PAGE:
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Ari Got His Gun

He knows he can’t hesitate. He sits amidst a pile of rubble, mostly debris from decrepit, antiquated buildings that line an abandoned street. No point in bombing them. They could fall to pieces themselves.

He knows he can’t hesitate.

He sits amidst a pile of rubble, mostly debris from decrepit, antiquated buildings that line an abandoned street. No point in bombing them. They could fall to pieces themselves.

He’s dug himself through a section at the top of the pile so that his Galatz sniper rifle can point out the other side.

He wears a bandana over his face. One sneeze and the pile falls and, just like that, he’s compromised. The billowing dust brought in by a desert wind makes it difficult for him to survive.

His is on a mission without many details. He’s to position himself near a mosque that contains a safe house in the occupied zone. He’s taking out a terrorist whose name he doesn’t know. As a muezzin sounds the call to afternoon prayer he’s to shoot the terrorist through a wall as the man kneels towards Mecca.

He knows not whether he’ll be facing him, or whether his back will be turned. School never taught him which direction Mecca was in.

It doesn’t matter that the sniper can’t physically see the room — his scope is a mega high-tech one mounted at the side of the Galatz. Its heat-seeking technology can map the bloodflow of a man’s body.

When he hits his target, it’s assumed that the rest of them will flee the building with guns blazing. The army is prepared for that. A platoon surrounds the mosque at every entrance, waiting to unleash a hail of bullets against anyone trying to escape.

The scope makes his job a lot easier. On one hand, he can see through the wall into the “musalla,” or prayer room, completely unnoticed. On the other hand, he doesn’t really “see” his targets – they’re merely syntagmas of their greater wholes. In this light, the radiated greens of the scope, they mean nothing more to him than the goombas or flying ducks of his Nintendo days.

He needs to see them this way. They’re animals, terrorists, born of a land they never owned. They were born serfs, and now they want to eradicate the people who were divinely-appointed to hold this land. To imagine these vassals as anything more than dogs would make him hesitate and compromise his mission.

He steadies the rifle as the voice of his drill sergeant plays back in his head. A rigid, forceful man, his job was to strip away every trace of humanity from soldiers’ targets. They were dogs; jackals; desert rats combing your home for unearned bits of food. Very simply, they were Others — everything the army was not.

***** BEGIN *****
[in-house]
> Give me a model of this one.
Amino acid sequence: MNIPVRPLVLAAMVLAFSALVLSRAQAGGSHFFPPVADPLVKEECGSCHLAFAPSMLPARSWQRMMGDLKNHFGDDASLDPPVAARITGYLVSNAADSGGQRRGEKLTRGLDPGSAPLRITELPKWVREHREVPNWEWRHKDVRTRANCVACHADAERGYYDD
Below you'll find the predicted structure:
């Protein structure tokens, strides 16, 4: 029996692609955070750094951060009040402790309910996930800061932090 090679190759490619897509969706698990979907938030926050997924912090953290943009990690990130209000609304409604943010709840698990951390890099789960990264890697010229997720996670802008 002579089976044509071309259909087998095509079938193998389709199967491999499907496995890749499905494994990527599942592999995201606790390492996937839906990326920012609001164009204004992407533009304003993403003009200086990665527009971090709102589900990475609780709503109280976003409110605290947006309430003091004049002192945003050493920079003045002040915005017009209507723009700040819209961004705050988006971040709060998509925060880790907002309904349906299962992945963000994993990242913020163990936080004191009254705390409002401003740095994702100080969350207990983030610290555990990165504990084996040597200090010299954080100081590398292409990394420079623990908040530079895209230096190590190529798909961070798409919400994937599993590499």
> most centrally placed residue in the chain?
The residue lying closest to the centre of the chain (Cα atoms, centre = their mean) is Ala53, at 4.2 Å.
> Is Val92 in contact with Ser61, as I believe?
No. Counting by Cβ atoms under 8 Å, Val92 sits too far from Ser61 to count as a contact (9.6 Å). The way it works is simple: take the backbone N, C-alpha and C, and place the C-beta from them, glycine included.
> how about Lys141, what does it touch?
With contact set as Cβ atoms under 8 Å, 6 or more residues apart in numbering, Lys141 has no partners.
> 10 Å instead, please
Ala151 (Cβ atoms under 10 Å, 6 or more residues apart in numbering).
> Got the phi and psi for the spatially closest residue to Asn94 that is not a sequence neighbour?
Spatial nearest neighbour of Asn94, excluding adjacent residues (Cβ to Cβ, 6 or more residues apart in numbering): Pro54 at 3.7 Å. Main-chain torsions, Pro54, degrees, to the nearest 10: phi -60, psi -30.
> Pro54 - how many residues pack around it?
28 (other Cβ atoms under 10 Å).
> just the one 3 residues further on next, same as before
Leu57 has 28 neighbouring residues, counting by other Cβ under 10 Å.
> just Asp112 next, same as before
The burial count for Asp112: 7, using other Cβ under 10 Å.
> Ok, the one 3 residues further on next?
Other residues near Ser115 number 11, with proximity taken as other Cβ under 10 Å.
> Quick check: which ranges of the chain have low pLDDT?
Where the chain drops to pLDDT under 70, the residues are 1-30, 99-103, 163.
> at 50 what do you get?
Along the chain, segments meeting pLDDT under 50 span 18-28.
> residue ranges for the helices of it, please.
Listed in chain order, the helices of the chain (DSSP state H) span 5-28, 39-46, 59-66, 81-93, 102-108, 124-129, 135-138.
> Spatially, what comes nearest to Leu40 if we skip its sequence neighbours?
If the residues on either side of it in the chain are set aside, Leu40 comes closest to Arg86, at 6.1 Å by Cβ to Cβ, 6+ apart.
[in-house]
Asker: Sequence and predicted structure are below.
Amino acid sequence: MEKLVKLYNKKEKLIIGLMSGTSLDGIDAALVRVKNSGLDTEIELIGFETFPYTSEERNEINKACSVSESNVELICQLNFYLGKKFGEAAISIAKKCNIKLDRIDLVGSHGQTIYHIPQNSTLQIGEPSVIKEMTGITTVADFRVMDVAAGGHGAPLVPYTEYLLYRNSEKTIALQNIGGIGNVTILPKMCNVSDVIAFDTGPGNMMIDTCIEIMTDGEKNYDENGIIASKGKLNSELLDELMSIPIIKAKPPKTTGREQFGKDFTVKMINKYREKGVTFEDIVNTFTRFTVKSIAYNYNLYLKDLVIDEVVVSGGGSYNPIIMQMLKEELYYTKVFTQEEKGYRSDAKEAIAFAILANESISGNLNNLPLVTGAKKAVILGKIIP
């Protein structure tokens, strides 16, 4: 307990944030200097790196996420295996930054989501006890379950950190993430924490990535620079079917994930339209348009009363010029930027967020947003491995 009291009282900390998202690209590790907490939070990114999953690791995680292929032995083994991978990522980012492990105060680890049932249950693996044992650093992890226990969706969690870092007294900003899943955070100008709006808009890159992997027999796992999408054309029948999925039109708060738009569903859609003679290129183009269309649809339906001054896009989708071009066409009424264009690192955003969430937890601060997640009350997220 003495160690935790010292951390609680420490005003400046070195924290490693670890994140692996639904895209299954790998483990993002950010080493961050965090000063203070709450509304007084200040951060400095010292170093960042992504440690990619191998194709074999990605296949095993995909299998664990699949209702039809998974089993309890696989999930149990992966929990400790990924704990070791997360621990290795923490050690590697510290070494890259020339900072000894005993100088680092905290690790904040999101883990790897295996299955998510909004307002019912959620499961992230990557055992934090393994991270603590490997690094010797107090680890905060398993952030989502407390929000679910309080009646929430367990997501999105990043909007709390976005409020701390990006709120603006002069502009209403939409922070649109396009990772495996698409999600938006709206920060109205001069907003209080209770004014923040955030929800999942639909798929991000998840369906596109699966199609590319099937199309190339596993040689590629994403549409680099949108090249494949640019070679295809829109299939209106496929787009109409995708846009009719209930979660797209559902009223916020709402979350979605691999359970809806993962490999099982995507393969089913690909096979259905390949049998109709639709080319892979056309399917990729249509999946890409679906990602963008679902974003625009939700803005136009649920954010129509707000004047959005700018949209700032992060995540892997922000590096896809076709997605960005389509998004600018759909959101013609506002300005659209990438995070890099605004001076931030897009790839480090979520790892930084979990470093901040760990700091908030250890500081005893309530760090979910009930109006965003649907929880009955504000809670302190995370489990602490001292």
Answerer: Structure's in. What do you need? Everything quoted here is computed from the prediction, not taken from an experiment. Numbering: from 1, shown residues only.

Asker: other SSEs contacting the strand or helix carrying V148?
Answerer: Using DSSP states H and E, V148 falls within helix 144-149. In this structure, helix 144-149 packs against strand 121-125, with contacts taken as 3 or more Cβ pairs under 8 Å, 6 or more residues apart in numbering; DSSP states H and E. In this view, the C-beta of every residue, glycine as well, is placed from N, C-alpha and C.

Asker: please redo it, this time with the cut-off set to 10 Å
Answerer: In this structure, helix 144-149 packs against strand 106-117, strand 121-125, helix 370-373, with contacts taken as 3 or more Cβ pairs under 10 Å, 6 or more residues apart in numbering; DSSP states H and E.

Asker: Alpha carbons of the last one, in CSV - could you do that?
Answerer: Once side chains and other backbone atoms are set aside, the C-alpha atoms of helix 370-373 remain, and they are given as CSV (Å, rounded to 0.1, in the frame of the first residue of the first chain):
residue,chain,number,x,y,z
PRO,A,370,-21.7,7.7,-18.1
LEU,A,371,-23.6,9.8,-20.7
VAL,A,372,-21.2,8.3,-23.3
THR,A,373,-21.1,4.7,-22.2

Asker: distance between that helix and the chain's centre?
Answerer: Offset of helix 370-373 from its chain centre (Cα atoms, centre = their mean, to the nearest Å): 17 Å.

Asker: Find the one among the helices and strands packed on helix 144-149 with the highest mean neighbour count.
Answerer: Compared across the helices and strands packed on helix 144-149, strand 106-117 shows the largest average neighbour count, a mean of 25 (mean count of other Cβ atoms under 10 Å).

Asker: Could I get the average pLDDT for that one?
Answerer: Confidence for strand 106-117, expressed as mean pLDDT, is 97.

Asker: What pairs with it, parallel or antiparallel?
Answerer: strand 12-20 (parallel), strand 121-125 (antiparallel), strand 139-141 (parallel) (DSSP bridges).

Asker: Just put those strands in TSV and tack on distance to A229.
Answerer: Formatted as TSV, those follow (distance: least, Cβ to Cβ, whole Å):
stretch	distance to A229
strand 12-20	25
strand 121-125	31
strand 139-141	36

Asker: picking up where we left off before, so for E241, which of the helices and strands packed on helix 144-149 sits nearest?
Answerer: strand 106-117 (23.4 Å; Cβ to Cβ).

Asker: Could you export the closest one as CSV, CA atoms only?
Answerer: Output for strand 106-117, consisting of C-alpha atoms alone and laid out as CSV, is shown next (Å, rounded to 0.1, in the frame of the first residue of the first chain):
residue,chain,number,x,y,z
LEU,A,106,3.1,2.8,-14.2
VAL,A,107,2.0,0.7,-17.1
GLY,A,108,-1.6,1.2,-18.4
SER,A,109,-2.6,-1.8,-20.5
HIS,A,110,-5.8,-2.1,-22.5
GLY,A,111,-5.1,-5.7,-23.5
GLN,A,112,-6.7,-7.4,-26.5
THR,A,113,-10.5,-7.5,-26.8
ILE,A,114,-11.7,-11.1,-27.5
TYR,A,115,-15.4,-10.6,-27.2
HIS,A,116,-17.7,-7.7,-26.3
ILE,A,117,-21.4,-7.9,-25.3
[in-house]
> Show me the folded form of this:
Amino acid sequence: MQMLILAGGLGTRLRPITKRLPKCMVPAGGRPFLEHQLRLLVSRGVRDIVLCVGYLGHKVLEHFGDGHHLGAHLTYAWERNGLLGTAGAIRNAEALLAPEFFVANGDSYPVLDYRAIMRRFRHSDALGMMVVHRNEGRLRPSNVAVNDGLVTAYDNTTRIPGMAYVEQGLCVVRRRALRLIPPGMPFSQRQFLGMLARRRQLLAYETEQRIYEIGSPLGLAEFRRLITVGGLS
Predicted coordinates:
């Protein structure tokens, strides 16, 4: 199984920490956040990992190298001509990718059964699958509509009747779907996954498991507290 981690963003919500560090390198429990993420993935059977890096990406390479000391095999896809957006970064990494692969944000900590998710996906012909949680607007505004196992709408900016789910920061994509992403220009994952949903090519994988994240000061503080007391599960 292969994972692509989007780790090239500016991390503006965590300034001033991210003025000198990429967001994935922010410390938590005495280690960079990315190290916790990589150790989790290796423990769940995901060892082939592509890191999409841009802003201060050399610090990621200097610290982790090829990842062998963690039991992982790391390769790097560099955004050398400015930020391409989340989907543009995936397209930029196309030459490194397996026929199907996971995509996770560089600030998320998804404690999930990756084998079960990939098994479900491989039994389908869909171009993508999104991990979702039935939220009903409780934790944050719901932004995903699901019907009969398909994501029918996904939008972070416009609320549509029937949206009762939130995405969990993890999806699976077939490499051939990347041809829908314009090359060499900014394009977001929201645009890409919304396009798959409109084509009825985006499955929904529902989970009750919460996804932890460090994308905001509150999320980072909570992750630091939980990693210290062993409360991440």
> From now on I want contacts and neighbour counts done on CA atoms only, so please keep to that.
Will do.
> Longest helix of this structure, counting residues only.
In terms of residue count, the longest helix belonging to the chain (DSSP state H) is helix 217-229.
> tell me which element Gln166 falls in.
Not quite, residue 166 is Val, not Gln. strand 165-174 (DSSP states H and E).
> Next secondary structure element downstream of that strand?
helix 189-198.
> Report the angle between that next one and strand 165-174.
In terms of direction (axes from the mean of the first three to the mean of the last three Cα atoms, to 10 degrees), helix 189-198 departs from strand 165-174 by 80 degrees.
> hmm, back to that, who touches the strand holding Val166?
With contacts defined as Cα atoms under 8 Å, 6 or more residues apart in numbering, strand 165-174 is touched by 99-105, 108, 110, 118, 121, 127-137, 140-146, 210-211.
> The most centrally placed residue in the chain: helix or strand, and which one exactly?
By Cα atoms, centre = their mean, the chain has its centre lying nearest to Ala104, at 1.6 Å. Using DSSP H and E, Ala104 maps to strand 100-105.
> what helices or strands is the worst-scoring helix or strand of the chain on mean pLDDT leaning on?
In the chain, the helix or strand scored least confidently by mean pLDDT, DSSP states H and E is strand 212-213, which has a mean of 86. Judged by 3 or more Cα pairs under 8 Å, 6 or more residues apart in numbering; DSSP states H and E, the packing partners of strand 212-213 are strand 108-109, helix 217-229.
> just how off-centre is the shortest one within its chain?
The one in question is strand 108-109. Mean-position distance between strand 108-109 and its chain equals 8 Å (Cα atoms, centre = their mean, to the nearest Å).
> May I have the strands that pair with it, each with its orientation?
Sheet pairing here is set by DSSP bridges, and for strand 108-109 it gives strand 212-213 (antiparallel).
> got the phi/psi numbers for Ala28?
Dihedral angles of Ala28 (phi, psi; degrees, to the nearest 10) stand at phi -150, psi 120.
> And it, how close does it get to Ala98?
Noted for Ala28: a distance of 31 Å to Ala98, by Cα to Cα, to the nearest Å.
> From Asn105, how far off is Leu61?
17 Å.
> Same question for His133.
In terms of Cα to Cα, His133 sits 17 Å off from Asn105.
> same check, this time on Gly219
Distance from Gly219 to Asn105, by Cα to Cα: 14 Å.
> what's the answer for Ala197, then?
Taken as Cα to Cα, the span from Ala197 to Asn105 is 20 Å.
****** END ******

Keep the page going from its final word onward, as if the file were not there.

In the scope, there were no humans — only body heat. Just strands of blood running up and down in uninterrupted flows.

Suddenly a loud hiss flies over his head. An F-16 zips through the sky, heading south. He takes his eye away from his scope to ensure he’s not getting bombed.

That’s when he sees him. A brown-skinned, middle-aged man wearing a prayer cap stepped out to the mosque’s balcony. He has dark, curly hair, a thin build and wears a dark blue jubba — a shirt that stretches from his neck down to just above his knees.

He has never seen one before — at least not since starting his military service. He watches intently as the man leans over a railing, gazing out upon a ruined landscape straight out of the Fifth Circle of Hell. A crumpled street; empty buildings with bombed-out apartments that once housed whole families.

The man looks at the base of a nearby apartment complex, now empty, with café-sized tables and chairs strewn across the broken sidewalk in front. At one time he may have taken tea there, or smoked hookah and talked with friends about the weather.

It takes only a glance for the sniper to realize this. Piled under the discarded pieces of the ghost city that surrounded him, he took pity on the man. Beyond the rifle, he’s no longer a spectre in a scope.

Then the muezzin ascends the minaret and issues the call to afternoon prayer. The man on the balcony went inside. Go time, and the sniper couldn’t see his target as a spectre anymore. The platoon gathered around the mosque silently awaits his shot.

But the sniper can’t. If he takes the shot the violence will continue. For every man killed in that mosque there’d be families and friends looking to take revenge.

What if he walks away and leaves the platoon waiting? They couldn’t fire on the men in the mosque if they weren’t provoked.

The sniper holds his finger on the trigger, knowing that he has to shoot before the muezzin stops leading the adhan. He lets the muezzin continue the prayer in Arabic.

“Allahu akbar (God is Great)

Ash-hadu an la ilaha illallah (There is no God but God)

Ash-hadu anna Muhammadan rasulullah (And Muhammad is his messenger).”

Slowly the sniper takes his finger off the trigger. Slower still, he pulls his rifle out of the pile as he slides down and out. Still in his military attire, he has to move swiftly.

When he gets back to base he’ll almost certainly be court-martialled. His brothers will oust him as a coward.

So be it. It was an unbroken cycle of violence that brought the rifle to his shoulder. He had a choice of interrupting one of two blood cycles — one, that of a man he knew nothing about; the other, a flow that kept the heart of a fruitless conflict beating. By not taking the shot he avoids just one bloodshed. And though he knows he’ll face consequences, he feels the better for it.




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